The transition from high school to college, particularly for students who leave home and live in campus residence halls, is a challenge for nearly all students. However, some students find it more daunting than others. Experienced counselors, both in high schools and on college campuses, have learned to recognize the stages that most students go through, beginning at the end of senior year, through the summer after graduation, and continuing through freshman year of college. But most students have only a vague idea of what this transition will be like and are therefore stunned by the challenges they encounter. First generation students, in particular, are likely to encounter surprises because their parents, having not attended college, haven’t had discussions with them about what to expect.
Today, educational psychologist Jane McClure continues her series that walks students and parents through what the future may hold with Stages 7 and 8 — You Can’t Go Home Again and Learning to Cope. Her previous posts on Stages 1 and 2 in “The Transition from High School to College” — The Summer of Transition and Separation Anxiety — can be seen here ;on Stages 3 and 4 — The First Term and The Honeymoon — can be seen here and on Stage 5 and 6 — The End of the Honeymoon and The Grass Is Always Greener can be seen here.
Stage 7: You Can’t Go Home Again
All students suffer pangs of homesickness during freshman year if they go away to college. If students go far away, they may not be able to return home for a visit until Thanksgiving or Christmas. The anticipation of that return — seeing family and friends again — can be thrilling. But it is often followed by a kind of disappointment that is difficult to describe, or even understand. Here’s what I think it is about.
Everybody changes! Your friends who go away to other colleges make new friends and have new experiences that change them in subtle ways. Your friends who stay home also change. Perhaps not as much, but if they attend a local college or get a job or pursue volunteer work, they will also be affected by their experiences. Your parents and your siblings are now leading lives without your daily presence, and that can make a big difference. Your younger brother or sister may have inherited your room and, even more important, may have taken on your previous role in the family. If you were the youngest child in your family, your parents may be enjoying a new freedom which involves new activities which have caused them to change, too.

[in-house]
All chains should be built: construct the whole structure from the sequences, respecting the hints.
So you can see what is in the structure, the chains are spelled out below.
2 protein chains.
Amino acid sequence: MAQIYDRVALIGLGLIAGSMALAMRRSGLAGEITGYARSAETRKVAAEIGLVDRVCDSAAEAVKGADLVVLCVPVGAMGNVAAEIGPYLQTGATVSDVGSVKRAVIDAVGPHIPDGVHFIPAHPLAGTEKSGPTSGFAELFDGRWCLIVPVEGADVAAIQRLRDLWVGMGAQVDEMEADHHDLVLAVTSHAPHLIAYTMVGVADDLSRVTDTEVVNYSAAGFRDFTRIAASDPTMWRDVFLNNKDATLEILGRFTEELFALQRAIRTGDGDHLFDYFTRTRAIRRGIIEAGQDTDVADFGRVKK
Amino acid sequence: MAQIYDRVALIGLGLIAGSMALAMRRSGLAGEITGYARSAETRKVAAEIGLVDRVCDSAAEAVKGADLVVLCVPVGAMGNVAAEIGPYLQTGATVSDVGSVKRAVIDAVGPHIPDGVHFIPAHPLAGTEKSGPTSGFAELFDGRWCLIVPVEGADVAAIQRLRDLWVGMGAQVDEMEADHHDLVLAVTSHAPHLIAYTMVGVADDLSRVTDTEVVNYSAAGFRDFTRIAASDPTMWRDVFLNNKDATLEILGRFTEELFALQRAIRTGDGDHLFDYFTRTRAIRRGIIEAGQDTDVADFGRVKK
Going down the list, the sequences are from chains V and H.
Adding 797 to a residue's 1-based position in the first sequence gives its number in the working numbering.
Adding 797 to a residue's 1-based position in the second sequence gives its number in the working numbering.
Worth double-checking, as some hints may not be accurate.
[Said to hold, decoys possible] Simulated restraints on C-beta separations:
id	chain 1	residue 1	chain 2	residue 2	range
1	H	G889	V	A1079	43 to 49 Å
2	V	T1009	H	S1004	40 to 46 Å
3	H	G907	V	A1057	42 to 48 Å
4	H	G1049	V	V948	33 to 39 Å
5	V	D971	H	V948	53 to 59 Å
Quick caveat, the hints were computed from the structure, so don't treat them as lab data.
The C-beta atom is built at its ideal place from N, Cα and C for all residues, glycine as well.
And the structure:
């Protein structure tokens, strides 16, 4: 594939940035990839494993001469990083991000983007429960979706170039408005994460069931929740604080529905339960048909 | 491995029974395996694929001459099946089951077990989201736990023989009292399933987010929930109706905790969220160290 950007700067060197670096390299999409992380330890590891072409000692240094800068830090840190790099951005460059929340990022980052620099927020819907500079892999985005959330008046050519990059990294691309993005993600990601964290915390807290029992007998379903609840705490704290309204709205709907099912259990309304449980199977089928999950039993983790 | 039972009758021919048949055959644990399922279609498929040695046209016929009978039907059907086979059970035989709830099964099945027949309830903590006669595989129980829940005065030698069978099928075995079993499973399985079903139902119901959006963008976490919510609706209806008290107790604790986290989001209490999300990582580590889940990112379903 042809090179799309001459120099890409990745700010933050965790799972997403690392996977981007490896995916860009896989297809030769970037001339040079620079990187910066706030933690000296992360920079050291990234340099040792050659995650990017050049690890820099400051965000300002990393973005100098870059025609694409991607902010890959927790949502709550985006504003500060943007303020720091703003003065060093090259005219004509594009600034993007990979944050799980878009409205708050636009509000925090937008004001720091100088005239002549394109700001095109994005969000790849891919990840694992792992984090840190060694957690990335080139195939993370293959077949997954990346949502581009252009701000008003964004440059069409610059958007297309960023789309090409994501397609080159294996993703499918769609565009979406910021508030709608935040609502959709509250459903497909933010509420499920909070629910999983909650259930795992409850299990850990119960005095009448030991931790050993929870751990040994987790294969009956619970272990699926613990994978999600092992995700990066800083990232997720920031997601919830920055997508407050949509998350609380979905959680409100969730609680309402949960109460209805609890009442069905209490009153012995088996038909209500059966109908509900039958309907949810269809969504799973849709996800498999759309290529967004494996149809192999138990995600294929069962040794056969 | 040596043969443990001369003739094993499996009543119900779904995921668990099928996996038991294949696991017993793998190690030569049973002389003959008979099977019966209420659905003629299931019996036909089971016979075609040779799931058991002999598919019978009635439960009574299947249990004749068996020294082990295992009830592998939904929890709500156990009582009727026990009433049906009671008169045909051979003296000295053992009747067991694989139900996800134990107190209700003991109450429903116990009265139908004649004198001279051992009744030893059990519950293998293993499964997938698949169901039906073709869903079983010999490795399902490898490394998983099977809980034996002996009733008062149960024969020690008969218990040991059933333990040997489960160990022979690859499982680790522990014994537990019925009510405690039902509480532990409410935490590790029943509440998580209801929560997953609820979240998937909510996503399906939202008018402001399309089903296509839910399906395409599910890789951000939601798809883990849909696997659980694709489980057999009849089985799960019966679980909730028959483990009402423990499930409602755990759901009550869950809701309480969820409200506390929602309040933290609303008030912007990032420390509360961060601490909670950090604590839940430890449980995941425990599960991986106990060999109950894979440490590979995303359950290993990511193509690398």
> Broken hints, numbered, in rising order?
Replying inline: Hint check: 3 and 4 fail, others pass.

And how about you? Of course, you have changed, although you may not realize it until someone points it out to you! So when you get together with your high school friends, it won’t feel the same as it did before you left. How could it, with all these changes going on? It probably won’t feel bad. It will just feel different, and that can be unsettling if you are not expecting it and if you have been yearning for the same closeness that you experienced during senior year. Rather than feeling sad about this, try to think of this new development as part of your evolution as a person. You and your friends and your family members are growing and changing. You are moving on from one stage in life to another stage, and this is a process that will continue. Rather than being stuck in one place, you can appreciate the differences you recognize in yourself and others.